Bringing Chicana Feminism Into the Gothic Narrative




Mendoza, Imelda

Journal Title

Journal ISSN

Volume Title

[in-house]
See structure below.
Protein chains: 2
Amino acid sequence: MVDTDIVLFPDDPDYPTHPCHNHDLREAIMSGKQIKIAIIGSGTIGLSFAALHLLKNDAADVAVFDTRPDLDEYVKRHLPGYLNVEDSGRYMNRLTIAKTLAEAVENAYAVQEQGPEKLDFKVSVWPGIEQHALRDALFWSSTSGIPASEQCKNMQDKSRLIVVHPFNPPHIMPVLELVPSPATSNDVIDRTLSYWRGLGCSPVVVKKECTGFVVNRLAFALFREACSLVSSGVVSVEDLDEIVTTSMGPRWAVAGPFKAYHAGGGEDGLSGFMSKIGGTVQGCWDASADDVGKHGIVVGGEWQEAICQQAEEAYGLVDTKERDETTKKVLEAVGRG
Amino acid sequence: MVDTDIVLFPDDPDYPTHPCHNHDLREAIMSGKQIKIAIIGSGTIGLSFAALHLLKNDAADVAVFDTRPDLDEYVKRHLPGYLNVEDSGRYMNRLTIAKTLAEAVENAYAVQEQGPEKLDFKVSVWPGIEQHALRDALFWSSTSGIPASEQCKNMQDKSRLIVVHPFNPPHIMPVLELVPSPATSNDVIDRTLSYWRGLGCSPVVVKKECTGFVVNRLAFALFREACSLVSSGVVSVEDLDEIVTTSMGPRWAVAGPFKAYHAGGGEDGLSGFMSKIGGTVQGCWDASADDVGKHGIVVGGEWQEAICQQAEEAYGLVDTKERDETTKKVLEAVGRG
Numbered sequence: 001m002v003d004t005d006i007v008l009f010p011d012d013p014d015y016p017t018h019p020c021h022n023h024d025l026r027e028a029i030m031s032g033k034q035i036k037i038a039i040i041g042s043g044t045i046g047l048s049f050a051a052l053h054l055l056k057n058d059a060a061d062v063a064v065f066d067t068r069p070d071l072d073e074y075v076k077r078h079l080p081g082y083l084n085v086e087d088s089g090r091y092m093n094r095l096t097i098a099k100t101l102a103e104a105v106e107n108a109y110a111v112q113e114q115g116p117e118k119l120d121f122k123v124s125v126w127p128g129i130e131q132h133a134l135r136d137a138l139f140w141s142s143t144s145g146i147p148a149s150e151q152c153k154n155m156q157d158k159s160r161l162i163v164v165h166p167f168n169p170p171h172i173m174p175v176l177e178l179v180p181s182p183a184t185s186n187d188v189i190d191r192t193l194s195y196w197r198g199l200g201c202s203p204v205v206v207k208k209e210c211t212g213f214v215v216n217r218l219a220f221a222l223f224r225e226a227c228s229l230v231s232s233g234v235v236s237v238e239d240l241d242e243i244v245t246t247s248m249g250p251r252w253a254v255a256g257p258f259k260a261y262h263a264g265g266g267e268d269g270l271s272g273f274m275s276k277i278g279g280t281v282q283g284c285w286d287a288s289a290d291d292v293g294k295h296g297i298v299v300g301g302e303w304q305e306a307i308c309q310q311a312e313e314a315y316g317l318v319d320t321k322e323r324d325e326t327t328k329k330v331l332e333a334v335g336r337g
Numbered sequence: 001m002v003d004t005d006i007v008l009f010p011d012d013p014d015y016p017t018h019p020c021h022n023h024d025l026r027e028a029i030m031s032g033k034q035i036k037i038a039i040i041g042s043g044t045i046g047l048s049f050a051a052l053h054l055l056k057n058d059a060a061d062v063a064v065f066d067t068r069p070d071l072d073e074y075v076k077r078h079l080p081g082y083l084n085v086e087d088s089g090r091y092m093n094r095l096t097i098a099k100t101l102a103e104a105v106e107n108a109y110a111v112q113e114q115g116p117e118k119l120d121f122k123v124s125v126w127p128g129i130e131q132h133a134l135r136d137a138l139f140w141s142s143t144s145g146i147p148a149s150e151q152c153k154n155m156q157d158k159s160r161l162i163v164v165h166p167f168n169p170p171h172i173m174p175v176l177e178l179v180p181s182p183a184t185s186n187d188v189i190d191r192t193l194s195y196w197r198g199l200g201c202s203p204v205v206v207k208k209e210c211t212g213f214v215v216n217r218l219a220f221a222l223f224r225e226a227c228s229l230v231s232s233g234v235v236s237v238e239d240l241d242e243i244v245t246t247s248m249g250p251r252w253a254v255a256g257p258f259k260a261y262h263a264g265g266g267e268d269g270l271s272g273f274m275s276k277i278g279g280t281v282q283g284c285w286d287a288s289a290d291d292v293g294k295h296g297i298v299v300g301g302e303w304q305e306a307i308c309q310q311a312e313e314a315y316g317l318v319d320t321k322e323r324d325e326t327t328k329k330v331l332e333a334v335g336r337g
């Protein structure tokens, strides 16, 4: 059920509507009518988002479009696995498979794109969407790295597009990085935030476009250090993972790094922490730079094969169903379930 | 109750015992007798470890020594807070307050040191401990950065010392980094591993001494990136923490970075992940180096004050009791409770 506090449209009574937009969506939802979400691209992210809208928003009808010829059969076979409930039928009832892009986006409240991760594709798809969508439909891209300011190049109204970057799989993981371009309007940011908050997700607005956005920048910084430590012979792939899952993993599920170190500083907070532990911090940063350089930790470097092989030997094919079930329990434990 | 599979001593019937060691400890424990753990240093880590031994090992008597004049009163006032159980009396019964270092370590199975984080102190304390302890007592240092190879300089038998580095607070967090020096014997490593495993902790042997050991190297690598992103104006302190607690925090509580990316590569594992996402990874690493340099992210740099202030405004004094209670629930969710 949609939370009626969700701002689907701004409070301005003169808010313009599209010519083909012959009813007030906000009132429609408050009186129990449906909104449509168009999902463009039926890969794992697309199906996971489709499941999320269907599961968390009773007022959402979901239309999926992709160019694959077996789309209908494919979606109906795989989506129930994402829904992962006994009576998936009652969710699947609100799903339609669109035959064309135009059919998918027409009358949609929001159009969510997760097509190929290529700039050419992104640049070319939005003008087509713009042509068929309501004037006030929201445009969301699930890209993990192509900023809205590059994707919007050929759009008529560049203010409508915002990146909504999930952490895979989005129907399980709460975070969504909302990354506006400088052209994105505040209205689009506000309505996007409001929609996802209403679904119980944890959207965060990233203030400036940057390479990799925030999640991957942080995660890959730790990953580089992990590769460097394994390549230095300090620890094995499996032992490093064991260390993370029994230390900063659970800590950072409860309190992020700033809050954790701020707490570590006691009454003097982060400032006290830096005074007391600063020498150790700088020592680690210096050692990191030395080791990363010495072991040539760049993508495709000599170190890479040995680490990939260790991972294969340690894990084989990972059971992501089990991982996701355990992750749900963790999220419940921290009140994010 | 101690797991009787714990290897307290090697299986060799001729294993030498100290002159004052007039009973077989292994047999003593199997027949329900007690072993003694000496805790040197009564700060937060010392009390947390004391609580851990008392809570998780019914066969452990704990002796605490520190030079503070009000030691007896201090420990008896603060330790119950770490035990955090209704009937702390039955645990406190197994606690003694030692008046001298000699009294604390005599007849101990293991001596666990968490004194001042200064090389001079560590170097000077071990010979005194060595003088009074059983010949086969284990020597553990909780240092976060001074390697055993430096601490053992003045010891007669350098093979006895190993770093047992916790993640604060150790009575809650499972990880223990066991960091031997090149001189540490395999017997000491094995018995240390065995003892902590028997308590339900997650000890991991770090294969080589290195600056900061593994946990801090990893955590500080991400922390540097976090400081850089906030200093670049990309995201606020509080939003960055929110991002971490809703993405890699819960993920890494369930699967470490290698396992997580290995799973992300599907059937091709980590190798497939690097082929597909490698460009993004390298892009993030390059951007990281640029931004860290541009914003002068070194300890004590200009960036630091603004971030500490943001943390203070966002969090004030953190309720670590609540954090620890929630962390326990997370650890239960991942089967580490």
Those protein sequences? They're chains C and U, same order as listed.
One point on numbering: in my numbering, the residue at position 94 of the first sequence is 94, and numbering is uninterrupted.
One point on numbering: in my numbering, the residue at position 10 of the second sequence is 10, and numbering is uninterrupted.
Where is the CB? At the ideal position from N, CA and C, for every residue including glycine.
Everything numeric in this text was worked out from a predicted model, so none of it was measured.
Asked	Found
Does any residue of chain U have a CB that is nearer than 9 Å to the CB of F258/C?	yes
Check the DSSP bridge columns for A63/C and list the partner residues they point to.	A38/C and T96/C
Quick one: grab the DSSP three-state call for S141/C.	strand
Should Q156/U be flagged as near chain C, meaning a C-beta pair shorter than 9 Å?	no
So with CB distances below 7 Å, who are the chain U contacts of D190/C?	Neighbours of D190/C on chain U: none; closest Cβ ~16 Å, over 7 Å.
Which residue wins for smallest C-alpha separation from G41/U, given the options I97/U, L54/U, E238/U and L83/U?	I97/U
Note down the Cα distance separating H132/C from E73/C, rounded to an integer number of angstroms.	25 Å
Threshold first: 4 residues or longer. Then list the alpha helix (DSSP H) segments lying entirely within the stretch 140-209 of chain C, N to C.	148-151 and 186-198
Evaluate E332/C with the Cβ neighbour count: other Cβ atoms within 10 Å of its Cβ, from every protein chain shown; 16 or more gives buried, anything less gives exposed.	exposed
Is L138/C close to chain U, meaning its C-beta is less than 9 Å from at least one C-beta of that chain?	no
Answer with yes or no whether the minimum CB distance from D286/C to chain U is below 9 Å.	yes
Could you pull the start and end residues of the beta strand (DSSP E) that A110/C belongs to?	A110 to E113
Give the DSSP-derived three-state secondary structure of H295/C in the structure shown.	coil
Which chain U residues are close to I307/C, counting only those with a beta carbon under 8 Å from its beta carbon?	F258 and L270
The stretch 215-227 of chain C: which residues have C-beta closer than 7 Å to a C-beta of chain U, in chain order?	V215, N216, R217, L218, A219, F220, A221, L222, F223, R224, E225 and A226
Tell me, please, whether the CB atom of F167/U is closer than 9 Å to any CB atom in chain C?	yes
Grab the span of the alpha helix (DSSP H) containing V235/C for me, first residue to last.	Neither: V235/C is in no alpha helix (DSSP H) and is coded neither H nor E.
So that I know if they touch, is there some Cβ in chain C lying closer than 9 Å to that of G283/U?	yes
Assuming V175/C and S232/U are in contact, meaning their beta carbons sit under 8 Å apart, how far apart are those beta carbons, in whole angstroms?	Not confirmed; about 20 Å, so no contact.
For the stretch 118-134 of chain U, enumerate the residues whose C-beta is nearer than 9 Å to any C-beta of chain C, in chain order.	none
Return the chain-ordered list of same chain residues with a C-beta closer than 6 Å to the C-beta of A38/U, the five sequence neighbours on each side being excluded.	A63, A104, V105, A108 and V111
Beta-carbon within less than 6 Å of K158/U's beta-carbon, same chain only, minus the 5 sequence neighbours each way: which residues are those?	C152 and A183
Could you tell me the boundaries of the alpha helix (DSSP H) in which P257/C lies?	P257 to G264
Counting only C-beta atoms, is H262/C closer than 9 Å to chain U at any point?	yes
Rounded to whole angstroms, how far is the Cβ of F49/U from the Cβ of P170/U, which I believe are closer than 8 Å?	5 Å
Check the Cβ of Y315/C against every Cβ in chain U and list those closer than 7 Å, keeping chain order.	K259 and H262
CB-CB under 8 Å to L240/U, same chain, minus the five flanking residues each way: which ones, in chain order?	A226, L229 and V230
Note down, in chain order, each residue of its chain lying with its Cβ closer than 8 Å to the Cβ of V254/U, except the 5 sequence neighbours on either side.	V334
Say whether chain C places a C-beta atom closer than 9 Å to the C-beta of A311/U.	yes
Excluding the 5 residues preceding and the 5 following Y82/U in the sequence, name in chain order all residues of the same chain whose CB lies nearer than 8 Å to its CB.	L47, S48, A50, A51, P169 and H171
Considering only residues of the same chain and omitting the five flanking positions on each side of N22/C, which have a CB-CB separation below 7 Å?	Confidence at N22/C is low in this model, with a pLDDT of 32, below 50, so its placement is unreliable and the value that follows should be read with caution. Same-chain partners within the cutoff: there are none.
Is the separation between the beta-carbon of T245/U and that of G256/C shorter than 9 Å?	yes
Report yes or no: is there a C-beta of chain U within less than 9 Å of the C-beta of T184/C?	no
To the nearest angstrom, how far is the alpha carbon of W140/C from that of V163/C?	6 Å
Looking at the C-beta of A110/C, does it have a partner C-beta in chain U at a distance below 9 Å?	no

The purpose of this study is to explore Chicana Feminism in a modern Gothic narrative to reclaim identities of the past that have been lost throughout generations following the Mexican American War. Influenced by Gloria Anzaldua's Borderlands: La Frontera, the creative project expands on the new Mestiza and is set in south Texas following a matrilineal line of curanderas. Taking from classical and contemporary Gothic stories, I rework some of the genre's frameworks into a modern collection of narratives that portray experiences from the South Texas borderlands, a geographic location that has true anachronistic qualities, where both Mexican and Anglo cultures collide and force the people of the land to align with one culture at the detriment of the other. I also attempt to rework the female social contract by first accepting the structures of our past in order to reclaim and overthrow the limitations of self-representations, embracing the darkness that we have been taught to fear (Anzaldúa's serpent, which I will explore in the next section) and nurturing this darkness to heal the cultural and gendered wounds as a metaphor for an oppositional form of consciousness against the new forms of hostility, antagonism and dangers that live between and within cultural spheres.